Storm still gusting over Hamlin wind towers
Wind towers have been lightning rods for controversy since developers first appeared in Hamlin in 2006. However, the Hamlin Town Board will move one step closer to resolution when it votes on tower regulations later this month.
On Feb. 25, the board announced that the proposed wind tower regulations would include a setback of 1,200 feet and the requirement that towers could not generate more than 6 decibels of sound over ambient sound — the normal level of sound in the area. The Town Board plans to hold a public meeting on the proposed law April 10. If past meetings are an indication, this one could be tumultuous.
Hamlin’s wind tower committee began meeting after a query from a Maryland company in 2006. The committee was charged with developing standards for the 400-foot-tall electricity-generating towers, only to fracture over two key issues: minimum setbacks and maximum allowable sound levels. The setback is the minimum distance a tower would have to stand from the nearest neighboring residence, and the maximum sound level is the greatest sound a tower would be allowed to make, as measured at the outer wall of that residence.
The fractures reached deeper into Hamlin as the debate continued. Some residents, concerned about neighbors’ health and town aesthetics, spoke out for setbacks as large as a half mile. One group in this camp, the Hamlin Preservation Group, has hired a lawyer to argue the case for a 1,700 setback to the Town Board. Other residents, including farmers and landowners who had leased land for tower sites to the Spanish energy company Iberdrola, pushed for setbacks of 1,000 feet. Though the Town Board eventually proposed the 27-page Local Law Governing Wind Energy Facilities, it deadlocked over the setback until recently.
When it comes to controversy over wind towers, Hamlin isn’t alone.
“What is happening in Hamlin is happening in a lot of places,” said Lisa Linowes, executive director of the Industrial Wind Action Group (IWAG).
The new, unfamiliar technology that the towers symbolize might generate some of the controversy.
“In general, changes to a local community are met with skepticism,” said Laurie Jodziewicz, manager of siting policy for the American Wind Energy Association (AWEA). “Most people are not familiar with wind turbines and the effects that they might have.”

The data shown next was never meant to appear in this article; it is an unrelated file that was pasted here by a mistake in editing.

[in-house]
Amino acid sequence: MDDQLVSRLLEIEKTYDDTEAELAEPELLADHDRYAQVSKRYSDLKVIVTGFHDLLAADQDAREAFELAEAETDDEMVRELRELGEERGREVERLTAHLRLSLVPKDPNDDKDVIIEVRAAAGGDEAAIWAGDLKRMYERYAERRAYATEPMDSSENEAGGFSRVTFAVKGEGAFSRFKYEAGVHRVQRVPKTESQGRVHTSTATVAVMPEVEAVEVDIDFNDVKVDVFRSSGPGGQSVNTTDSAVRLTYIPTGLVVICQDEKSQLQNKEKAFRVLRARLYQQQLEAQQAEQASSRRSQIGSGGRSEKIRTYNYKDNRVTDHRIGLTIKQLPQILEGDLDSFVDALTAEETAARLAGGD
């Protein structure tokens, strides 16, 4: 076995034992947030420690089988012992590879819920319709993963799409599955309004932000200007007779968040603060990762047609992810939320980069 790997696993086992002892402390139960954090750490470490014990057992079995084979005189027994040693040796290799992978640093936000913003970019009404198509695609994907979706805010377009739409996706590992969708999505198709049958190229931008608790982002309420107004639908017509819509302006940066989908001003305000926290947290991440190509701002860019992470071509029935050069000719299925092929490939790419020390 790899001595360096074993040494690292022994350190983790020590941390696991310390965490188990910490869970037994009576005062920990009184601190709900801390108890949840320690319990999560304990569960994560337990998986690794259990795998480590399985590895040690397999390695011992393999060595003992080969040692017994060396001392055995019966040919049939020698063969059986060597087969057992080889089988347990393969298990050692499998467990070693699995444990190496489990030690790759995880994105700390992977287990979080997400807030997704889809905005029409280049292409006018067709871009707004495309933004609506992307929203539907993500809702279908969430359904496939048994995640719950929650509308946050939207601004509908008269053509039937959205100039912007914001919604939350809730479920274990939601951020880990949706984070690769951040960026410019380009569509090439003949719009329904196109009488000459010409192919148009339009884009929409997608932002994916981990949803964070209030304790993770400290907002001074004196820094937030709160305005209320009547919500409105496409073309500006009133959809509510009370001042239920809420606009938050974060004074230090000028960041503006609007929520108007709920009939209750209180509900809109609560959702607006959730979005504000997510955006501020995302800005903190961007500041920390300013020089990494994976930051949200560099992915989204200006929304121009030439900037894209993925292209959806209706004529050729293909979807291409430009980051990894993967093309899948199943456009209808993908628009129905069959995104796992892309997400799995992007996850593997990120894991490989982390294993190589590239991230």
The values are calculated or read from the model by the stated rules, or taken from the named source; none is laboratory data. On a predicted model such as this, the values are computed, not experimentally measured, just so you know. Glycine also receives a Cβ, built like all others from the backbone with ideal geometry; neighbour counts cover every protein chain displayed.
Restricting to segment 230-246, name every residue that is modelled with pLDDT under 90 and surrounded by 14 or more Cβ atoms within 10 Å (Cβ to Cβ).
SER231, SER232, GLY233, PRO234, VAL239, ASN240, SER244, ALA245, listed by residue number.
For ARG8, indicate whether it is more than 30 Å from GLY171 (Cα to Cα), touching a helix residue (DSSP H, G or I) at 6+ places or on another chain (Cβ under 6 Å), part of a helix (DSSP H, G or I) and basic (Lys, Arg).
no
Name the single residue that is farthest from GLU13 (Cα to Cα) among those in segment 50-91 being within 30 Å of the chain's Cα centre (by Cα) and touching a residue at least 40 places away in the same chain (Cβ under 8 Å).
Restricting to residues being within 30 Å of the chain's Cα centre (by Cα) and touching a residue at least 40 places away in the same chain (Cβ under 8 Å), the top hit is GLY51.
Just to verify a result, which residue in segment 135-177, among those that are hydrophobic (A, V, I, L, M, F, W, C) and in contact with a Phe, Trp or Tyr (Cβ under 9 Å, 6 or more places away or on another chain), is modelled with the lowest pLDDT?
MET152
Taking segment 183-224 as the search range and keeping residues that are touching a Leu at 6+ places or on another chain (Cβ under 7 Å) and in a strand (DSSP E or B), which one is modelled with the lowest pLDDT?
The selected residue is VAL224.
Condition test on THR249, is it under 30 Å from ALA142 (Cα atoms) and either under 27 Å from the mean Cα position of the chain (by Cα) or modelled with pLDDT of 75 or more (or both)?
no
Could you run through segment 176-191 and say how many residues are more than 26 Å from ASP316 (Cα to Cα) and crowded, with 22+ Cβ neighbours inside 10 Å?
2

Linowes and Jodziewicz fall on opposite sides of the tower issue. The nonprofit IWAG was created to inform communities and government officials of the issues surrounding wind towers — also known as “wind turbines” — though Linowes admits the staff is about 70 percent against the towers. AWEA is a trade association representing the wind power industry.
Linowes says her concerns about wind tower developments start with the way developers often enter a municipality. She contends that developers often lease tower sites from local landowners before seeking permission to build from municipalities — gaining instant allies.
“They have landowners that will stand up and argue before the boards,” Linowes said.
Government officials then have to choose between the financial interests of the landowners and the potential risks to the health of nearby residents. At least three Hamlin landowners have leased tower sites to Iberdrola — though the dates those leases were signed are not known publicly.
Then, there’s the relatively small amount of scientific research available on the effect wind towers could have on the health of those living nearby, and the other ways they could affect the surrounding area.
“It’s very spotty,” Linowes said. “It wasn’t until the last four to five years that we began to see turbines built within 2,000 feet of where people live.”
The IWEA Web site posts several articles on wind towers and wind tower developments by researchers from around the world, including several authored by Dr. Nina Pierpont, a pediatrician based in Malone, Franklin County, who has researched the health issues surrounding wind towers. Pierpont, who has testified before the Energy Committee of the state Legislature on the issue, has stated that a wind turbine can produce sound on the level of an operating vacuum cleaner, washing machine or hair drier.
According to Pierpont, those living near a wind tower can experience “wind turbine syndrome,” suffering a range of symptoms that includes sleep disruption, headaches, dizziness and tinnitus — a ringing in the ears. The effect would not be limited to that resulting from a tower’s sounds. According to the researcher, the “flicker effect” caused by the moving shadows of the tower’s huge blades could leave some nauseated or unsteady and even trigger seizures in those who have seizure disorders.
Pierpont has pushed for a setback of no less than one-and-a-half miles from neighboring residences.
“It does appear that a mile to a mile and a half eliminates all of the problems,” Linowes said. In December, Trempealeau County, Wisconsin adopted a setback of one mile from neighboring residences.
For those living 750 to 1,000 feet from a wind farm, the towers are “no noisier than a kitchen refrigerator or a moderately quiet room.”
Jodziewicz said AWEA doesn’t have a standard for setbacks. Most wind energy companies set their towers 1,000 to 1,200 feet from neighboring residences, depending upon the area’s topography. A tower in a valley will transmit more noise downwind than one on flat ground.
The Hamlin Town Board plans to vote on the proposed wind tower regulations on April 25 — though members have said passage doesn’t necessarily mean resolution.